He has a runny nose.

He pointed his nose and said,

"See, my nose is running."

Can running use as above? Or there is another way to say the situation above.

  • I might use "Look" here rather than "See" as the initial interjection. Both are correct, but "See" is used either as a meaningless conversational filler or to say "see, you may have been sceptical or doubtful, but here's the evidence". "Look" is used to ask someone to look in a particular place or at a particular thing.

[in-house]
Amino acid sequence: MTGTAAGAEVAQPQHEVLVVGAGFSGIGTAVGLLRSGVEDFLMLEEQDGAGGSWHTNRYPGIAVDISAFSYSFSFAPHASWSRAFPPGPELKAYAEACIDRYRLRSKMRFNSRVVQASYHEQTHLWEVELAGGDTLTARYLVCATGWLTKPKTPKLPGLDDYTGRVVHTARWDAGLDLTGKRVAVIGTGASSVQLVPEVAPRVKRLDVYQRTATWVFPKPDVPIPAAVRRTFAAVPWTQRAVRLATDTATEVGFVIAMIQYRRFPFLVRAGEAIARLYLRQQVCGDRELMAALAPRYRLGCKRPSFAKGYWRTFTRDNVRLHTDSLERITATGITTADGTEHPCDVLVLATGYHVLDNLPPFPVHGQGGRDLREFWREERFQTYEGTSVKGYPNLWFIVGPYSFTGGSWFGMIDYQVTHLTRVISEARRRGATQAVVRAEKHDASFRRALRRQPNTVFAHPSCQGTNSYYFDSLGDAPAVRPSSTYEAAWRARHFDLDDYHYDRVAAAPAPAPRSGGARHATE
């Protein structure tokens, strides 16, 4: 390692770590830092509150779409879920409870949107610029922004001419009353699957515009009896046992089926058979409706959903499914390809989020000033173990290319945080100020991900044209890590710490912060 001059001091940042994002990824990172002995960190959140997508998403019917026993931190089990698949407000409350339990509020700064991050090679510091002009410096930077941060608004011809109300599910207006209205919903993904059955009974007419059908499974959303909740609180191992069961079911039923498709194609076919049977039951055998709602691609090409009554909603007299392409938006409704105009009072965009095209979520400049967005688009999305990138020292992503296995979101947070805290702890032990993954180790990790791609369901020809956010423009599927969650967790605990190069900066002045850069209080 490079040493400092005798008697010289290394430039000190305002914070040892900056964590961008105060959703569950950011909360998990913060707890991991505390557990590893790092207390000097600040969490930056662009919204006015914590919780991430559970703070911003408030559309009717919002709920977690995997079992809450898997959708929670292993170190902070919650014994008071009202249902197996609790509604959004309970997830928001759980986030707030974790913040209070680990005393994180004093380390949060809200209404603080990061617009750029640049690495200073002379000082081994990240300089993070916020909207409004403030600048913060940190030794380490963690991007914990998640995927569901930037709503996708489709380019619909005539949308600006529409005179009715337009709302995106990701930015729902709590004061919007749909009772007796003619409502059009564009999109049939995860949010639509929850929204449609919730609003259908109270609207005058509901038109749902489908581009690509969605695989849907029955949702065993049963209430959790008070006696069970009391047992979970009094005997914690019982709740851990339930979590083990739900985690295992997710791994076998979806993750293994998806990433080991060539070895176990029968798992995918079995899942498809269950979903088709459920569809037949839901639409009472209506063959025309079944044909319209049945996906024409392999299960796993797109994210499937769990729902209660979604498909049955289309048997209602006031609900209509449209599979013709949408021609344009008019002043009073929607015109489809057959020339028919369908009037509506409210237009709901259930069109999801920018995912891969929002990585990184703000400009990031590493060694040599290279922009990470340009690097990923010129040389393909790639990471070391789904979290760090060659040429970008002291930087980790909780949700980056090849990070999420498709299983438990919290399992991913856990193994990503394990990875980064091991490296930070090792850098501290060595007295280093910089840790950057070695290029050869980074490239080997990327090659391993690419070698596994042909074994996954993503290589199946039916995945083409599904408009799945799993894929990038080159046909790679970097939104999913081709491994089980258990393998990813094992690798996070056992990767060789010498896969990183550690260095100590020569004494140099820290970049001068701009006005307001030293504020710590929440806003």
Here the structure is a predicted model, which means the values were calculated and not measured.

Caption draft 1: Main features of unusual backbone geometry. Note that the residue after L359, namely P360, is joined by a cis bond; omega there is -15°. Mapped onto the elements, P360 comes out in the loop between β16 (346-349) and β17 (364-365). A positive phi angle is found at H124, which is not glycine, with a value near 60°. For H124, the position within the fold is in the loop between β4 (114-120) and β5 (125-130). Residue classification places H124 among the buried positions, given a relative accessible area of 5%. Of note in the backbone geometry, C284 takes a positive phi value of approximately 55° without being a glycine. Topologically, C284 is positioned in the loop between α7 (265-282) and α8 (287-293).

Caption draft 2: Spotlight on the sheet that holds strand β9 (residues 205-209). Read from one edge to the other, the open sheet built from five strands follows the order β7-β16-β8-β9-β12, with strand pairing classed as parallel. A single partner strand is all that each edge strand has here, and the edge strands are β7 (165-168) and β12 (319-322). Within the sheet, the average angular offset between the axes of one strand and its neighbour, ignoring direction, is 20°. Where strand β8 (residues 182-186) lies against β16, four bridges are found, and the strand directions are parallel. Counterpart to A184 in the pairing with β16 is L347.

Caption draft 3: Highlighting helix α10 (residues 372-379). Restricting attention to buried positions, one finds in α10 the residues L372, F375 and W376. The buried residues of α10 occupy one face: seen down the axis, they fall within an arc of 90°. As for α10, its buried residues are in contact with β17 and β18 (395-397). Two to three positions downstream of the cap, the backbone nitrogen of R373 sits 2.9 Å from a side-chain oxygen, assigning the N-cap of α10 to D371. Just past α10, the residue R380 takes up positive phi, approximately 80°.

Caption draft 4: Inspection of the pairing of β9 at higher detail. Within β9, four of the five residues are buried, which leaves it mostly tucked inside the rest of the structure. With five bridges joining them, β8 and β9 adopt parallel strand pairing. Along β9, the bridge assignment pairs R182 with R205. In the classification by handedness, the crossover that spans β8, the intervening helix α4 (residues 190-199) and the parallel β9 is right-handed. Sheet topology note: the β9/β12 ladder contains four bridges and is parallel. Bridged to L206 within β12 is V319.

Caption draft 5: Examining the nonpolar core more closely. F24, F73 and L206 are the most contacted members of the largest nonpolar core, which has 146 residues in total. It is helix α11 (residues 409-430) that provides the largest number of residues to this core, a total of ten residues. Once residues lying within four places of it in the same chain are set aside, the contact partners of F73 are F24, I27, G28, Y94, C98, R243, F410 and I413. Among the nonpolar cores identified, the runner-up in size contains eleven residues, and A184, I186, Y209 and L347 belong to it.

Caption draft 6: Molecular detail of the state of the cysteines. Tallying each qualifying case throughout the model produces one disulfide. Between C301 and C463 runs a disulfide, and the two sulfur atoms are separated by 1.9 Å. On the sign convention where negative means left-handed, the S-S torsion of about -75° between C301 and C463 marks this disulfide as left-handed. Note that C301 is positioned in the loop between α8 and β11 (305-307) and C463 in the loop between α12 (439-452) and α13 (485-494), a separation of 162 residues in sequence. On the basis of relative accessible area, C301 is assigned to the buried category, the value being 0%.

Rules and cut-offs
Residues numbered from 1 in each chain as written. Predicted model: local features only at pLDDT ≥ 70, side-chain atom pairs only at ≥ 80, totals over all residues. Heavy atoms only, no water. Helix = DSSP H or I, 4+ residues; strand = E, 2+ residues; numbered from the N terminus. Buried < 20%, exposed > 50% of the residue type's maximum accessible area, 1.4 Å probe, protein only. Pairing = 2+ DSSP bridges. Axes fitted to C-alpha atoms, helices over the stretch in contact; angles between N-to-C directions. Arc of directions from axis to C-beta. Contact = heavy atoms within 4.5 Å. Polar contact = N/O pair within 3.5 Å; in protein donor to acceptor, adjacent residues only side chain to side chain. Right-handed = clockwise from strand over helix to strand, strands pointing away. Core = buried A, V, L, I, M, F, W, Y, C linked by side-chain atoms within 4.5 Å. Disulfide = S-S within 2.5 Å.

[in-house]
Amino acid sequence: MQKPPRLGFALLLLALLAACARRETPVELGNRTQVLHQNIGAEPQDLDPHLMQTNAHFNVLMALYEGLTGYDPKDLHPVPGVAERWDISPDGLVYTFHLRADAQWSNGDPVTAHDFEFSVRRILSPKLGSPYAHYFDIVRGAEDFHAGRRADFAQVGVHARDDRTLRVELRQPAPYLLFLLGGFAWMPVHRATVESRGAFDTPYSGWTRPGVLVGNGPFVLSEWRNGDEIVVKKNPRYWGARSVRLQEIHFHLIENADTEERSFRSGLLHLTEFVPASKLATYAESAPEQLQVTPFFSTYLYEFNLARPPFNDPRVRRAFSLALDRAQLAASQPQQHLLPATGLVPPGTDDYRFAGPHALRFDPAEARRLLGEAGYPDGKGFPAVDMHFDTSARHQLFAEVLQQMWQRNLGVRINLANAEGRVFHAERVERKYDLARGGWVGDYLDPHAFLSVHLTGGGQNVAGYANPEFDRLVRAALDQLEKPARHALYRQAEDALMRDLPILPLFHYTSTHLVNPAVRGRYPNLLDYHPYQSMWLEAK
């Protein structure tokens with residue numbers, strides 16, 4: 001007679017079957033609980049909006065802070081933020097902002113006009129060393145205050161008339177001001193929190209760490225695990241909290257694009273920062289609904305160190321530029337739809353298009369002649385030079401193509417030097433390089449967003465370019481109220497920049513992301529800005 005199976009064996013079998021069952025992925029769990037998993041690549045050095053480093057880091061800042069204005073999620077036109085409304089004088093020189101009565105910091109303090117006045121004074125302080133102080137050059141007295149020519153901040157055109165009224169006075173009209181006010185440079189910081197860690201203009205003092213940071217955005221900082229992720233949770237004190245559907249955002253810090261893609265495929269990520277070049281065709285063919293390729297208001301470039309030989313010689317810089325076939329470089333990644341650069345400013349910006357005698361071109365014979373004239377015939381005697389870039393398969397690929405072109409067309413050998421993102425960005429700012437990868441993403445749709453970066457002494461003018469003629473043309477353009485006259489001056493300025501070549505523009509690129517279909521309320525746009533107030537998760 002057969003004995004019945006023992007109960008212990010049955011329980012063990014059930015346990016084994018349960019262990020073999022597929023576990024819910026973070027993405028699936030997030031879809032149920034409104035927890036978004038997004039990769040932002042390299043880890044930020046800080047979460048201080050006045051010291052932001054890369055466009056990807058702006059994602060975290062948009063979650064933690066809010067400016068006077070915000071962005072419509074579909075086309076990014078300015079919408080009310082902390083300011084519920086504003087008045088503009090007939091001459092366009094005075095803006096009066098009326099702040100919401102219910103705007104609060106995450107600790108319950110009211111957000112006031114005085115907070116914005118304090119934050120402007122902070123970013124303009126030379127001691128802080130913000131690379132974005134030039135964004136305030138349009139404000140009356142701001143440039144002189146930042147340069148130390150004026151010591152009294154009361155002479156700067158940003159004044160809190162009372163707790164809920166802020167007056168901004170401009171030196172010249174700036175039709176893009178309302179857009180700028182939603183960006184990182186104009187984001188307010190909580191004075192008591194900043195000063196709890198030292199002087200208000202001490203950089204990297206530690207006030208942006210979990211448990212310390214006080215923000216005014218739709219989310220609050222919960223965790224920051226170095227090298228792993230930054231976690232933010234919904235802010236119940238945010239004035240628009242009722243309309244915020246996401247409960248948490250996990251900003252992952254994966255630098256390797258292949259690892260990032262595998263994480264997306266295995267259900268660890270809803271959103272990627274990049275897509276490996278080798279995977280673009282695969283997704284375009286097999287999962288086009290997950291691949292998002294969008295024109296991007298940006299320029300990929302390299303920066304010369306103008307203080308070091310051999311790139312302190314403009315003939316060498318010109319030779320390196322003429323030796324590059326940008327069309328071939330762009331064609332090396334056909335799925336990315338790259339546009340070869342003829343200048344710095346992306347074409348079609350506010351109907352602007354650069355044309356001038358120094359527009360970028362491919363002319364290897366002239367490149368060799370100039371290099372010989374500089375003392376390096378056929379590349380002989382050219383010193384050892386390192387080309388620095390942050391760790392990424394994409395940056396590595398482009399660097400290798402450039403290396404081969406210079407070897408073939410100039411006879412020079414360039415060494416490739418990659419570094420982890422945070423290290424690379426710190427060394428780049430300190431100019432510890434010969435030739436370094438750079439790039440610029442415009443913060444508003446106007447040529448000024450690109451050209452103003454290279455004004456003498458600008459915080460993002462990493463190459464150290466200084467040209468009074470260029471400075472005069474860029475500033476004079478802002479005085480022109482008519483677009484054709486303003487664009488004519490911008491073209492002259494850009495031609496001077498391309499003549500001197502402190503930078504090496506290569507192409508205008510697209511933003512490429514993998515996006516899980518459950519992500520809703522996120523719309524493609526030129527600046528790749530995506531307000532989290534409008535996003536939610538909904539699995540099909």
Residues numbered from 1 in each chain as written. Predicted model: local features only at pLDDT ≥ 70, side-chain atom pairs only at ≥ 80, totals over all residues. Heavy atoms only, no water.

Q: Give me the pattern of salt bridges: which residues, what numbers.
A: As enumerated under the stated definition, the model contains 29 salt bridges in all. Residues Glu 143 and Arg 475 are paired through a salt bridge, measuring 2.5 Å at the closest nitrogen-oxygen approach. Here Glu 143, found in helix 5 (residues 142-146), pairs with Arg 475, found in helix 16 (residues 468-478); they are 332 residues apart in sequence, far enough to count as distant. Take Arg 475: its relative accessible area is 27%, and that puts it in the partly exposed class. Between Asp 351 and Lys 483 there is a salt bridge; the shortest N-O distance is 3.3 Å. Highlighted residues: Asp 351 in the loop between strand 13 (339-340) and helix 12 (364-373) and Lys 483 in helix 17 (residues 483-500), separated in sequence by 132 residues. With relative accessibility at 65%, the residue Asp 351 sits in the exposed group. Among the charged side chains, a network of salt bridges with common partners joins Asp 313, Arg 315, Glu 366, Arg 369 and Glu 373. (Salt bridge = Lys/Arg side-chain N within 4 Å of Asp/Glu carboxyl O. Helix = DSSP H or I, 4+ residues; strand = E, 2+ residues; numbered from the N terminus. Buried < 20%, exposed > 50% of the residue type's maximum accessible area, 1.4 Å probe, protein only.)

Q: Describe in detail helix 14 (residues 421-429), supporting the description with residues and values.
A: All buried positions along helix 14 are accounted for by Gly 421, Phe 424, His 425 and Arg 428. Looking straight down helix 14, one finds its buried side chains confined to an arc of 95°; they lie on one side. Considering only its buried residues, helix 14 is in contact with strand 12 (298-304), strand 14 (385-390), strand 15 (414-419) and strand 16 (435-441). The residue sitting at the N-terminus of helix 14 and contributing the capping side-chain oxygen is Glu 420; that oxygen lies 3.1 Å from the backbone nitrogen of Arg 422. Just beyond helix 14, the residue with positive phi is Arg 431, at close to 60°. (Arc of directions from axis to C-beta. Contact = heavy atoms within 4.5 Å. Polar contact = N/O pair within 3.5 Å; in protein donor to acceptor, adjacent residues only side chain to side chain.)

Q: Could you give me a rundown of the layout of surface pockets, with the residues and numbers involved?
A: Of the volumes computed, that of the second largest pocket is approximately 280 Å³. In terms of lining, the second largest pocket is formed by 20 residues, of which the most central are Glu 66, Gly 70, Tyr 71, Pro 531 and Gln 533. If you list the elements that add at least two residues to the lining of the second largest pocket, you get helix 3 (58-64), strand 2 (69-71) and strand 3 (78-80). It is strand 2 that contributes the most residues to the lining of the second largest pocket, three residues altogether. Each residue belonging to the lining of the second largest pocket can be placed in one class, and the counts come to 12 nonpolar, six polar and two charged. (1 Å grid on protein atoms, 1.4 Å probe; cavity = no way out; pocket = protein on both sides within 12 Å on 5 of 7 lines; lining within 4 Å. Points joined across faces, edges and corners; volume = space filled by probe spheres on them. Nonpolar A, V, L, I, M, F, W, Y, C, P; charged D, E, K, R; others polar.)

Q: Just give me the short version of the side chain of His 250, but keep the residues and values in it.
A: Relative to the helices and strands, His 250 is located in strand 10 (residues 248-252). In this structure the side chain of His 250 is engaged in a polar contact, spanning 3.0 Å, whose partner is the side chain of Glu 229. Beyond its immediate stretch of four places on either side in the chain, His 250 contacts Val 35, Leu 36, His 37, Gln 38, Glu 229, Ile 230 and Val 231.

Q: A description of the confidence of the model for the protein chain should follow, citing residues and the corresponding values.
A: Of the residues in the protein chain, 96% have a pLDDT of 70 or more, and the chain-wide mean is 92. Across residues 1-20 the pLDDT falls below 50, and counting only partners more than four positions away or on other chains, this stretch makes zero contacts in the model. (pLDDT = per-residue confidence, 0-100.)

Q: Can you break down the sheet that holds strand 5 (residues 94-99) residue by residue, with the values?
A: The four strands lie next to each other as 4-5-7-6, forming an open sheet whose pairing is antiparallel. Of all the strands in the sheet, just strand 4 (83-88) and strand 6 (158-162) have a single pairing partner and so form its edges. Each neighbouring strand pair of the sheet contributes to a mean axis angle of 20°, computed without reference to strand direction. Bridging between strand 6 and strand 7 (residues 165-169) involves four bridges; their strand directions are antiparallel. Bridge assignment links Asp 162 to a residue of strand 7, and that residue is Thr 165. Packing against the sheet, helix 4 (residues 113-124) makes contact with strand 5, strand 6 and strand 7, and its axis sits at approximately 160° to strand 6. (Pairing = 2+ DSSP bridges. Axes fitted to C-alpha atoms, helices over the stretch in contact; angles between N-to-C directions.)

– rjpond
    Oct 16, 2017 at 7:05

1 Answer 1


Nothing wrong with that.

"If your nose runs and your feet smell, you've been built upside-down." Spike Milligan (Irish comedian, 1918-2002)

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